It turns out the disaster was just delayed rather than avoided. Instead, things were about to get worse than they could ever have imagined.
Toni Kroos’ 95th-minute winner against Sweden on Saturday looked to have given Germany a World Cup lifeline, but their pathetic performance in the 2-0 loss to South Korea on Wednesday ensured that they were eliminated from the World Cup at the group stage for the first time in 80 years.
And in truth, they got exactly what they deserved.
Had they simply seen off a South Korea side who had already been beaten by Sweden and Mexico they would have got away with it. They would have progressed to the knockout stage.
But what they turned in at the Kazan Arena instead was a performance short of direction, of belief, of desire and of heart. It was everything we have come to expect of Germany but in reverse.
Joachim Low, who had never led the national team to anything less than a semi-final spot in his 12-year reign, made four changes to the side which saw off Sweden and found that he couldn’t get them to replicate those efforts which saw them escape from Sochi with all three points.
Far from turning in a more energetic, dynamic display, they started off every bit as sluggish as they had been in the opening halves of their first two fixtures.
They were slow on the ball in midfield, to the point that Korea were looking dangerous from broken play in the central third, and when they did get the ball forward there was no pace in their play to pull the well-drilled Korean defence out of shape.
Joshua Kimmich’s deliveries from the right were not up to the standard of his Bayern Munich form, but then the movement in the middle was far too laboured to give him much of a target to aim for as Timo Werner and Marco Reus ended up swapping and changing positions in a bid to make something happen.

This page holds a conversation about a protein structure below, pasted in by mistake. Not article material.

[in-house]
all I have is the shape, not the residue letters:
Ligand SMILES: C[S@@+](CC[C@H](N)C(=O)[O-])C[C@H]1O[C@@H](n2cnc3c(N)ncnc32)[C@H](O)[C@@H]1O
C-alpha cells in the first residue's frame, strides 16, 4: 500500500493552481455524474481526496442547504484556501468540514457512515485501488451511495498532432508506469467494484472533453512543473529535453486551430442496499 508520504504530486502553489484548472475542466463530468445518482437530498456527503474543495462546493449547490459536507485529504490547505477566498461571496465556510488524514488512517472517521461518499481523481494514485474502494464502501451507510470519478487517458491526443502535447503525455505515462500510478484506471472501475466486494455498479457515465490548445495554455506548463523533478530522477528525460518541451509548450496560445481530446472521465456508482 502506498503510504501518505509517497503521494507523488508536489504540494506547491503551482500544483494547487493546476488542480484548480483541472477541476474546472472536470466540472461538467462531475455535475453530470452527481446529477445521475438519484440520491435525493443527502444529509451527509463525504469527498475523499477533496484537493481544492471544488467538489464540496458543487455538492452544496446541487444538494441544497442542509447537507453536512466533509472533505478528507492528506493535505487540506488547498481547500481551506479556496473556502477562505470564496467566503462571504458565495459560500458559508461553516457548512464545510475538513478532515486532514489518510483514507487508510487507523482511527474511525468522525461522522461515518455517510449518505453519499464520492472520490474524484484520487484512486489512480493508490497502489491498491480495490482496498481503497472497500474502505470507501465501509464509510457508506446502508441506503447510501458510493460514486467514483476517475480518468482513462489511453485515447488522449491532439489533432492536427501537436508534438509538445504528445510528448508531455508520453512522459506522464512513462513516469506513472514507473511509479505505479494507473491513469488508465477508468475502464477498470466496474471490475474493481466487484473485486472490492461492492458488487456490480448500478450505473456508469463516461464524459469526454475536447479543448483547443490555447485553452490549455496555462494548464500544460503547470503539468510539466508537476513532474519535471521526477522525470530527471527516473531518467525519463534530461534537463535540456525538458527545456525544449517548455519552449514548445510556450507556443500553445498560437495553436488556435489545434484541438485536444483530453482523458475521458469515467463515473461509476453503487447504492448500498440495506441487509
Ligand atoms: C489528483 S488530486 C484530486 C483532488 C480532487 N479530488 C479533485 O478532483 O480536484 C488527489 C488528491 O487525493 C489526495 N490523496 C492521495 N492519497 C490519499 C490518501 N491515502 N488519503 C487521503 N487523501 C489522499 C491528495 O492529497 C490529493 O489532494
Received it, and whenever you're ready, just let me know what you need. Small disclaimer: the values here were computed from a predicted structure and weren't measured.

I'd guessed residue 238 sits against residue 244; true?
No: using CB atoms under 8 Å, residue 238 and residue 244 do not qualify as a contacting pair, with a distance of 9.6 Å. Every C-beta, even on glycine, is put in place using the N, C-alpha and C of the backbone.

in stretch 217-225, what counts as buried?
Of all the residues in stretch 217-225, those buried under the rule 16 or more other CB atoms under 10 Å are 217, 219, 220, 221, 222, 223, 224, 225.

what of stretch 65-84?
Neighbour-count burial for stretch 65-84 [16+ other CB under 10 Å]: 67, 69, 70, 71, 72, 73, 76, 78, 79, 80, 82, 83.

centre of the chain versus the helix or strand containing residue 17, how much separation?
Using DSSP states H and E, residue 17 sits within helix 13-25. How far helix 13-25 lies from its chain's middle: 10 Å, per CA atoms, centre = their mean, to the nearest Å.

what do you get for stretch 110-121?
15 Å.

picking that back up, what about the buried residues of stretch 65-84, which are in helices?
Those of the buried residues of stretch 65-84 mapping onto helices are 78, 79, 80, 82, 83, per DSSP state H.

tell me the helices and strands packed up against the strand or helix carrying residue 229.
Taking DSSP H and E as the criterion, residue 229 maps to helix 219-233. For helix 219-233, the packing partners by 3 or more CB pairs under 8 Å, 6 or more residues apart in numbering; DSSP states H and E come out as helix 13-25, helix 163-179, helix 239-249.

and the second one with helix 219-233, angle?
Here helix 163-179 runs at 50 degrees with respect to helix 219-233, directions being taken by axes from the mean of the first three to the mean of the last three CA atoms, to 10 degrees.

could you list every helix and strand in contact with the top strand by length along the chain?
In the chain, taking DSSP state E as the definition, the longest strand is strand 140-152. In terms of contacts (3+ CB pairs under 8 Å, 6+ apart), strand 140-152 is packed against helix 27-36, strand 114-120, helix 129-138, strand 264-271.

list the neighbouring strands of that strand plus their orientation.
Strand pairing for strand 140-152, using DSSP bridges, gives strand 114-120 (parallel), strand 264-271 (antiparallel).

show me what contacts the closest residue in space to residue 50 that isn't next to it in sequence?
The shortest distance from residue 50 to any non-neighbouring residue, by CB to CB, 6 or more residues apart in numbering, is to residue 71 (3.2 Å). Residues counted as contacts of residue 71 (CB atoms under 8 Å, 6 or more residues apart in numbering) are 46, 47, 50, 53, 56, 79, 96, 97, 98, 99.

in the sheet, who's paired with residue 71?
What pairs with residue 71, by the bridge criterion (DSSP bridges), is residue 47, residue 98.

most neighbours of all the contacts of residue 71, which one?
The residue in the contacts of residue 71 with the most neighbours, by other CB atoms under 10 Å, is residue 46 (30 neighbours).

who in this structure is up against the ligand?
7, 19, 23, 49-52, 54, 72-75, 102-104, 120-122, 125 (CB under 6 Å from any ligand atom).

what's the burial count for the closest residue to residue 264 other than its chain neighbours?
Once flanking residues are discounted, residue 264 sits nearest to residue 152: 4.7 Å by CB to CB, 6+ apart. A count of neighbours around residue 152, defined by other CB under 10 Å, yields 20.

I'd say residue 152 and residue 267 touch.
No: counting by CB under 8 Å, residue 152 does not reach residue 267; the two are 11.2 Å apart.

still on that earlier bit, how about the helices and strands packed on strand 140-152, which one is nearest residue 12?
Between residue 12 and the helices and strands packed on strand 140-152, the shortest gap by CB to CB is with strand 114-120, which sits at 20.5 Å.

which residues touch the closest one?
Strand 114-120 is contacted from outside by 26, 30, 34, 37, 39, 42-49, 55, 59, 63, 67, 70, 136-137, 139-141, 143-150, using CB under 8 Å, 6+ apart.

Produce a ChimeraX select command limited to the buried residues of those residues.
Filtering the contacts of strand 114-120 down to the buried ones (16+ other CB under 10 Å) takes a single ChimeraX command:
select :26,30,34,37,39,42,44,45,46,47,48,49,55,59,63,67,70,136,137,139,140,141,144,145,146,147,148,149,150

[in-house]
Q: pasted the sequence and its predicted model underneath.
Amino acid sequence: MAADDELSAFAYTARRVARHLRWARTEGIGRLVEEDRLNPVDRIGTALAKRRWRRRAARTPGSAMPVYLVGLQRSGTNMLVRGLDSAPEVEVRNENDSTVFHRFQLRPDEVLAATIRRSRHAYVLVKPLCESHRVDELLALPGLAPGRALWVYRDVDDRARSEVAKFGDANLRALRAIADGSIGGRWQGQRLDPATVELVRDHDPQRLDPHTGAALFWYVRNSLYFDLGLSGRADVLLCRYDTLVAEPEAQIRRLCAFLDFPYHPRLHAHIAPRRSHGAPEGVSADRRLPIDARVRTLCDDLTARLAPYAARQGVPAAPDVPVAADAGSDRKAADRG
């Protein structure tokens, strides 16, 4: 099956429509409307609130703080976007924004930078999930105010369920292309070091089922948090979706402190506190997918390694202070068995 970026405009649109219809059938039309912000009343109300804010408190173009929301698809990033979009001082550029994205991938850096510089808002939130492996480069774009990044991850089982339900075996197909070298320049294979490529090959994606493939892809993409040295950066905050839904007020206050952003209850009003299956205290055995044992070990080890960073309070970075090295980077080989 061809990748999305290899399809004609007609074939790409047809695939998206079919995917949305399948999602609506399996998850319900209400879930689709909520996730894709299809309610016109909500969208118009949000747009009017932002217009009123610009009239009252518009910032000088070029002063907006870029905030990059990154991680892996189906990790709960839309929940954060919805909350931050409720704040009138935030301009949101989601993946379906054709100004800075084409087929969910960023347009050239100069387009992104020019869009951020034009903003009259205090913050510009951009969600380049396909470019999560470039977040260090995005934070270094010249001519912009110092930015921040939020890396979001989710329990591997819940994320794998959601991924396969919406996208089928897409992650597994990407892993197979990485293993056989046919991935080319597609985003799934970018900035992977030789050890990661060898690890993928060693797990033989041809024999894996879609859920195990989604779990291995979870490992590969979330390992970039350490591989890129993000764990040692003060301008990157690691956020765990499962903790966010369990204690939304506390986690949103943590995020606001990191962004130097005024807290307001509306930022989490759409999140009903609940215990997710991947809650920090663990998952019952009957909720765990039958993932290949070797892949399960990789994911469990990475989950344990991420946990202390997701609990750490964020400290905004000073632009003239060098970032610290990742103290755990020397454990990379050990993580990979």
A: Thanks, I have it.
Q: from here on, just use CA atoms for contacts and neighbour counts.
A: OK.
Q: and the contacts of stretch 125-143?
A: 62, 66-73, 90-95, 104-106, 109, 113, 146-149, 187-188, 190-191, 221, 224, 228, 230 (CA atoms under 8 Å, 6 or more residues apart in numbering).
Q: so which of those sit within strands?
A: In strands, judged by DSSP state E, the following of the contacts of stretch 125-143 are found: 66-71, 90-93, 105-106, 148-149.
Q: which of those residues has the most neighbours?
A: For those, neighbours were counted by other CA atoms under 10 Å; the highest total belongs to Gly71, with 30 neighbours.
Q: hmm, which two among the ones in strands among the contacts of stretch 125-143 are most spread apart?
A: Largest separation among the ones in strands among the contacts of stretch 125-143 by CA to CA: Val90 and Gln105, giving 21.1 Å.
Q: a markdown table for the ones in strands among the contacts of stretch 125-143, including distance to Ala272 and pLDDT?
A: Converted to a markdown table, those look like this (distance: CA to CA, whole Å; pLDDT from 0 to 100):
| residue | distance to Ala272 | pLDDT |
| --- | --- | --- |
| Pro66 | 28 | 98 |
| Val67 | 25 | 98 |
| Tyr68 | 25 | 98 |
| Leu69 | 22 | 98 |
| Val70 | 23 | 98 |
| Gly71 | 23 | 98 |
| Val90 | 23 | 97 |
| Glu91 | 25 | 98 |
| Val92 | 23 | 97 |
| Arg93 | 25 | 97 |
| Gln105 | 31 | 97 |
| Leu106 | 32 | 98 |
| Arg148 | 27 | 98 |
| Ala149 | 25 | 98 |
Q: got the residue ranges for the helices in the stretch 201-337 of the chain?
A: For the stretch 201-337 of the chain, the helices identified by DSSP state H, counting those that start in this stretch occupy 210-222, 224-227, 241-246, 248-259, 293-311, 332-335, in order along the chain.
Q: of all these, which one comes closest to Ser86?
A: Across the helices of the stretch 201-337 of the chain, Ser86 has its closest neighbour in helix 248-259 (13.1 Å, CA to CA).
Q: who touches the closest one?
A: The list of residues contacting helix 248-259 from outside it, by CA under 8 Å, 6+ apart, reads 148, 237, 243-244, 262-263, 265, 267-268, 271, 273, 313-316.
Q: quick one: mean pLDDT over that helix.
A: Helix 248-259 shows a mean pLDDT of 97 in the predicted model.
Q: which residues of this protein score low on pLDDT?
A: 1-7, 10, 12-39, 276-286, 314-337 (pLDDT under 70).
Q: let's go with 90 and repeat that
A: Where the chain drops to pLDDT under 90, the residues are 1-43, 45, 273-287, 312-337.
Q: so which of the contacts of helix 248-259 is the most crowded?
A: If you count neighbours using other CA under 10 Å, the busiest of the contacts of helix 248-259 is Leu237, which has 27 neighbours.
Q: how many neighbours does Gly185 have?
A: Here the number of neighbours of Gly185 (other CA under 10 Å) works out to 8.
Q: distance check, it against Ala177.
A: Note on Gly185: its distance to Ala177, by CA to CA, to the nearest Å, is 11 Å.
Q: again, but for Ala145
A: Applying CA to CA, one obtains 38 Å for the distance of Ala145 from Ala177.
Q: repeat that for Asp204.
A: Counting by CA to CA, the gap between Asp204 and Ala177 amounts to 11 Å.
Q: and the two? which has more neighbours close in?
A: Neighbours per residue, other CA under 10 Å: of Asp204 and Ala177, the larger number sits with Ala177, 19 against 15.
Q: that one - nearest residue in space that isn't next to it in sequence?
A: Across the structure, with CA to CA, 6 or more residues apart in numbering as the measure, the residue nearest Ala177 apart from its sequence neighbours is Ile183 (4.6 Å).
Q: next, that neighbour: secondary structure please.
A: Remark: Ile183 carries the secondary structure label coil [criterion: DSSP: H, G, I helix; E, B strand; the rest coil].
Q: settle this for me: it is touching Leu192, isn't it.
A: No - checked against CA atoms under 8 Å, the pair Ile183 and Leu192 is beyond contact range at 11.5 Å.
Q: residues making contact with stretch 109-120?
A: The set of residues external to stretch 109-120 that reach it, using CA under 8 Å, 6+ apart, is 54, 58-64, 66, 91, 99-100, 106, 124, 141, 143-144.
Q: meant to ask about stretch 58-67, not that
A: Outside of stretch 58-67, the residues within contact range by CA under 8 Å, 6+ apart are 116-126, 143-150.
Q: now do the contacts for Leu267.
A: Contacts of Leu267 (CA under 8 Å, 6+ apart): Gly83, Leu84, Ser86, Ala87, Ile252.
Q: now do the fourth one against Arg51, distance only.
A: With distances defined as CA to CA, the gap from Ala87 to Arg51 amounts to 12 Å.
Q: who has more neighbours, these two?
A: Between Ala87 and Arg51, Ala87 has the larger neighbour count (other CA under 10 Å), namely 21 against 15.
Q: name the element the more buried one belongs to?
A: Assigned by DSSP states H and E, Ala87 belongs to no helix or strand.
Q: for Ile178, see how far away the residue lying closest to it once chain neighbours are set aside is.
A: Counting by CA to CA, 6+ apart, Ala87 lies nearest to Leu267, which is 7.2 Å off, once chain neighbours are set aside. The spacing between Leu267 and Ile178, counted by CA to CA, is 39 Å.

Even after the break when the need for a result got more and more real there seemed little real conviction in their play.
Mario Gomez’s introduction for the final 30 minutes finally gave them a front man who had Korea turning towards their own goal but in truth the opponents looked every bit as likely to snatch a goal on the break as Germany did in finally making their domination of possession count.
That was in large part down to a clear disconnect between the Mannschaft’s players. They were just never on the same wavelength. Neat little passes from Mesut Ozil fell behind Reus or Gomez rather than finding their intended target as Germany finally looked to pick their way through.
The Arsenal man’s inability to find a team-mate with a killer pass was symptomatic of the breakdown in communication that felt completely alien for a German national team. Even in their own half they almost provided a winner on a plate for Son Heung-Min when Niklas Sule and Mats Hummels converged on one another and the latter headed the ball across his own back line.
The longer the game went on, the more the unthinkable became possible, with Korea regularly spawning chances on the counter as Germany continued to stroke passes around in vain with little sign of urgency or belief.
Hummels’ late miss when he connected with his shoulder as he attempted to head for goal said it all. This was a humiliation, and embarrassment. But it was only about to get worse.
Kim Young-Gwon was left in acres of space to take a touch and finish high into the net during the six minutes of injury time. Having initially had it ruled out by the referee’s assistant, the VAR asked the referee to check the replay and the goal was given.
Korea deserved the win, but much more than that the competely rudderless Germany deserved the shame.
The sight of Manuel Neuer ambling around in the opposition half after being tackled by Ju Se-Jong as Son Heung-Min tapped in the late second will stay with many Germans forever. It said everything about just how awful Germany have been over the course of the last three games.
A horrendous World Cup campaign is over, and for the third straight tournament the reigning champions are home before the football gets real.